The Sydney father-of-two has just completed his fifth 14-day stint in quarantine since July, and he’s now spent 70 of his last 148 days locked up in a hotel room.
His job, escorting Australia’s finest thoroughbred horses around the world, means at least six more international trips in the next seven months, which likely equates to another 84 long and lonely days in quarantine.
Speaking with nine.com.au from his quarantine hotel in Sydney, Mr Croucher is lamenting missing what should have been a milestone 25th wedding anniversary.
“Both my daughters and my wife ring me every day,” Mr Croucher said, “but it’s taking its toll for sure.”
“I’ve travelled for my work for the past 20 years, so they are used to dad going away and coming back, but they’re not used to me being away for 70 days out of 148.”
In 1680 grinding hours of quarantine, it’s not just his wedding anniversary he’s been noticeably absent.
There are the parent-teacher interviews of his two teenage daughters he can’t attend, and a niece’s wedding that came and went.
“I’m a fairly strong person mentally but it is pretty tough,” the 51-year-old from West Pennant Hills, in Sydney’s north-west, explained.
He said “one of the hardest things” about his relentless quarantine stretches is no fresh air and “you just don’t see people”.
The key, he said, drawing on his unenviable experiences, is to keep busy and build a routine.
Inside his cramped room, he runs 3.5 kilometres each day.
“That’s running from the window to the door, which is seven metres, and I do 500 laps.”
Mr Croucher has also adopted some unique cooking techniques.
Photos and videos shared with nine.com.au show him cooking a fillet of salmon, ordered through online supermarket deliveries, on a hot iron.
He’s worked out how to cook broccoli inside a boiling kettle and reheats some “average” quarantine food using the standard-issue hairdryer in his hotel room.
But Mr Croucher also has a serious message for government officials.
He wants his job classified the same as commercial airline air crew, so he can quarantine at home after he flies in and out of the country.
Often Mr Croucher supervises the unloading of the horses at a foreign airport and then flies straight back to Australia and into 14 days of quarantine.
“It’s very, very frustrating,” he said.
“We’re not walking down the aisles of planes serving passengers from all over the world. In many cases, we’re not even getting off the aircraft.”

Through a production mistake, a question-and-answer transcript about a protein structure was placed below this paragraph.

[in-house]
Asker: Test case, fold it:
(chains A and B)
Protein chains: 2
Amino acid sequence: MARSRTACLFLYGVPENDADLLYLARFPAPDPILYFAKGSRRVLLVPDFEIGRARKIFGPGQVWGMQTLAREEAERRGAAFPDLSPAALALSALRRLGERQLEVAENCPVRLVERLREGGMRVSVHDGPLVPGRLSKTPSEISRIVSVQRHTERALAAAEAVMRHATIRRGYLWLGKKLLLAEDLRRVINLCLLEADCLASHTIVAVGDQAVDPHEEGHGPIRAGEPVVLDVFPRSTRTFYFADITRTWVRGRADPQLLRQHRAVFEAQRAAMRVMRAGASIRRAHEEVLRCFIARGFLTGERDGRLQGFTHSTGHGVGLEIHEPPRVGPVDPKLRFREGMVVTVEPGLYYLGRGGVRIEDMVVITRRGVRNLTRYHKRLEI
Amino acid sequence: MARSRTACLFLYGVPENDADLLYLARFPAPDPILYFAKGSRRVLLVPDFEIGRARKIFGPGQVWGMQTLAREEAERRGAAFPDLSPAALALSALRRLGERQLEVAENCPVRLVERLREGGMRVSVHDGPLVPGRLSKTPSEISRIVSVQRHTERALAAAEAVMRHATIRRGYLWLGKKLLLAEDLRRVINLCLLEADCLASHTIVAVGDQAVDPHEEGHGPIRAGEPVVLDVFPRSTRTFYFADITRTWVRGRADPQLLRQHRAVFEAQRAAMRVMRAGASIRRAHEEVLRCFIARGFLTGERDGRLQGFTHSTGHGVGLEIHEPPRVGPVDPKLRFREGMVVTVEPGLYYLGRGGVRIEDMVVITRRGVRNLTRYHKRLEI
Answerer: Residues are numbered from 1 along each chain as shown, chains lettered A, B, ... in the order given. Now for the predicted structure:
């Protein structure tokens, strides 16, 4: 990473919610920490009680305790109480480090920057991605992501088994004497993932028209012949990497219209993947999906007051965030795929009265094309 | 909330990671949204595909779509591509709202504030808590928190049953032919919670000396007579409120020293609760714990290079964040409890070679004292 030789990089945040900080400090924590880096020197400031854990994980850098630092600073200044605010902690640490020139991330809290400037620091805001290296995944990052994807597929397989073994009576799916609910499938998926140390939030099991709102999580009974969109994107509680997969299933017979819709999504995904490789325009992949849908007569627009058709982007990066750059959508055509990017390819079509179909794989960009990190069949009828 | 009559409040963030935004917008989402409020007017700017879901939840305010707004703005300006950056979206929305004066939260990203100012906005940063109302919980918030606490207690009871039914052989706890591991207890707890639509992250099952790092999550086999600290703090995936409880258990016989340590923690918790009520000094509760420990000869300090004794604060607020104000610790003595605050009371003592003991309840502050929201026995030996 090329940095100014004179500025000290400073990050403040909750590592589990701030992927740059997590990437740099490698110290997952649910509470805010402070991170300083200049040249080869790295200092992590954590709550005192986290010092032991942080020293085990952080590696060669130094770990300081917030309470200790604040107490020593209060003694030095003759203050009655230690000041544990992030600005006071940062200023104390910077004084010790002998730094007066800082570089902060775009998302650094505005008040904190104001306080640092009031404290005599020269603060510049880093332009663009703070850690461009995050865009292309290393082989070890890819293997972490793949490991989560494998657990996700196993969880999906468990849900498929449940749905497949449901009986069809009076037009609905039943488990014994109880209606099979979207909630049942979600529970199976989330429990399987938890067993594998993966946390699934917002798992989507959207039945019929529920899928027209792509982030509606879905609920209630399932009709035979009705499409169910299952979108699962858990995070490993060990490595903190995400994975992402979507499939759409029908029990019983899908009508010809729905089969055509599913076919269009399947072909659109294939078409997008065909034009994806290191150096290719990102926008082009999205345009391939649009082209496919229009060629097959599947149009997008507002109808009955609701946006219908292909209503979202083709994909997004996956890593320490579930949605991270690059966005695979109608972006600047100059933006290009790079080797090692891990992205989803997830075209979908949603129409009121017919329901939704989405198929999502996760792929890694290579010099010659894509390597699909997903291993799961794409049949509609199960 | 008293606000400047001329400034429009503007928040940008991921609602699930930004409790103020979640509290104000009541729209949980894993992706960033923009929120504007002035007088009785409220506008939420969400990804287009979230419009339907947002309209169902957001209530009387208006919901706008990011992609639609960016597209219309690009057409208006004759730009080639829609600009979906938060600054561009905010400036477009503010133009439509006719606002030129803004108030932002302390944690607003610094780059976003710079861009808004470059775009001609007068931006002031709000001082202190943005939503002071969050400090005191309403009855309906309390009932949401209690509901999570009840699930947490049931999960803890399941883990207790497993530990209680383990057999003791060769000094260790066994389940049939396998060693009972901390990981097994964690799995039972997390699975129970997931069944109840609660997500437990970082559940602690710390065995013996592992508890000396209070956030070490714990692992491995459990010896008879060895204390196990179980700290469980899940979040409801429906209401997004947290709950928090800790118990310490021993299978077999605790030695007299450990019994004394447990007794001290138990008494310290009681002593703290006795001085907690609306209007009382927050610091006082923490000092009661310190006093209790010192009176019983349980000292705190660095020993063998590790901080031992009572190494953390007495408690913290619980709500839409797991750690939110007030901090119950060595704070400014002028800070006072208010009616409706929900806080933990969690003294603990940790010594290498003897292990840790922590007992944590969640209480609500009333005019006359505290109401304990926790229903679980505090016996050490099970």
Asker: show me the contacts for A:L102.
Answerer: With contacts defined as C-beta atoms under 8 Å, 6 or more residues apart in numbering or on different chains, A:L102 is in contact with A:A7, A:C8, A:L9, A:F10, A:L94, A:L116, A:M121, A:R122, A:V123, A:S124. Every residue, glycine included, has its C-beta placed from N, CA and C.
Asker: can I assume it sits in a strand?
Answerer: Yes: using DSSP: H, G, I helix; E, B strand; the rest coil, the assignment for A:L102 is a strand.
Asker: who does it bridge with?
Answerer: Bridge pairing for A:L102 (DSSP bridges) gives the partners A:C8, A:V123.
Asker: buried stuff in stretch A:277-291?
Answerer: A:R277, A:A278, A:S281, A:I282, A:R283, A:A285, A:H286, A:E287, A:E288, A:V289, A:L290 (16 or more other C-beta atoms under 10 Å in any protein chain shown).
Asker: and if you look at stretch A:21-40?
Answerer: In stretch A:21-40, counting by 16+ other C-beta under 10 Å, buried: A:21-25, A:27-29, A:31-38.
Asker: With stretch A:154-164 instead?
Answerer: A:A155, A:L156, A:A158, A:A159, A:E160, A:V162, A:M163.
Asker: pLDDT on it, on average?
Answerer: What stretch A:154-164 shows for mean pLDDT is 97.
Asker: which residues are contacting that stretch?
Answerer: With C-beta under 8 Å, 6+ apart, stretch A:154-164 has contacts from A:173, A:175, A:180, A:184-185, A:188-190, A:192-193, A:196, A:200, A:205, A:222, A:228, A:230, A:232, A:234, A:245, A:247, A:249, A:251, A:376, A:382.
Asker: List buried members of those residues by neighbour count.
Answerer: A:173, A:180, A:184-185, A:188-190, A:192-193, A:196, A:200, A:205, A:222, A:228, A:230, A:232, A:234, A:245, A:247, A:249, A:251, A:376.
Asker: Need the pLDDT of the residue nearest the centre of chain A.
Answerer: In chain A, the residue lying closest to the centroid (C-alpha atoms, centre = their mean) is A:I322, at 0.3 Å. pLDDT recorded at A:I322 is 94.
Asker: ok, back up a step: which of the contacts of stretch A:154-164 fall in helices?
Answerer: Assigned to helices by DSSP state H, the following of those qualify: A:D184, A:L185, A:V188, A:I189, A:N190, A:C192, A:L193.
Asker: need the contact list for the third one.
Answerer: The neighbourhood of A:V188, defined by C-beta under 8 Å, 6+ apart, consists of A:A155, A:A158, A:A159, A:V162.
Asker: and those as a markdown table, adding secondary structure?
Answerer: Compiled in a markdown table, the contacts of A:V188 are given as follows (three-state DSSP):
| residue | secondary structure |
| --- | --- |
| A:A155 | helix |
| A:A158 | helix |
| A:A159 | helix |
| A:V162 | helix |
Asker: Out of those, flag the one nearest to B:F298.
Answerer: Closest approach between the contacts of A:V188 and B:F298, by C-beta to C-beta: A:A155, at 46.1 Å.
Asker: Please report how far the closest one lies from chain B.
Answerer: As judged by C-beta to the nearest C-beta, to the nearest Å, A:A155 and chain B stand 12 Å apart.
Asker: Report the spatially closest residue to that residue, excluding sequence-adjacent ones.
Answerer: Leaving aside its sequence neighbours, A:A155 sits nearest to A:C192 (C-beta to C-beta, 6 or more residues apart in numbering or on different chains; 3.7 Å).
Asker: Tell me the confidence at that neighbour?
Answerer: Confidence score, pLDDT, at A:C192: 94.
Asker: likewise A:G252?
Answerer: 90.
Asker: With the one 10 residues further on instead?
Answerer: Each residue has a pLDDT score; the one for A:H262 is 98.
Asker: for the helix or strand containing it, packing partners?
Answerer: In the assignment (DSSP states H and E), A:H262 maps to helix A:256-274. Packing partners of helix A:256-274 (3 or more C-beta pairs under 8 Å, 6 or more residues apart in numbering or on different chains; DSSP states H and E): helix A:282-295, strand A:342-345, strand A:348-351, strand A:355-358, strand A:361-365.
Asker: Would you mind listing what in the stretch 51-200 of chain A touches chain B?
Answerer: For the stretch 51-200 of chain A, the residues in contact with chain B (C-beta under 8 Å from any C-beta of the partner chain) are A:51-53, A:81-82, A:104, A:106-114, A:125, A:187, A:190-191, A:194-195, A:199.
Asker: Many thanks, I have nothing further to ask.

Mr Croucher is the managing director of Equine International Airfreight, but the tough quarantine measures have resulted in his casual staff no longer wanting to take international flights.
So to keep his company in business during the pandemic, Mr Croucher has taken on the responsibility of going on all the flights, where he looks after the horses and administers sedatives and medication if needed.
There are only about 15 people in Australia who move thoroughbreds involved in racing, polo, equestrian and breeding around the world, he estimated.
Live thoroughbred exports in just the horse racing sector are worth $121 million to the economy each year, according to a 2019 report from AgriFutures Australia.
Mr Croucher is worried the arduous quarantine restrictions imposed on businesses like his could end up putting people out of work and hurting the Australian thoroughbred industry.
“The live export market from Australia is substantial, it’s very, very big,” he said.
“And if people who are qualified to travel on these planes with horses or animals of any sort refuse to go because of the quarantine situation, we will close down an entire export industry, which in a COVID recovery period is not a very smart thing to do.”
Earlier in the pandemic, Mr Croucher was sometimes given permission to quarantine at home.
He is frustrated that decisions from New South Wales, Victoria and Queensland health officials to quarantine at home are “inconsistent”.
“I can’t continue to do 14 days every time I get on a plane,” he said.
Video edit and production: Tara Blancato
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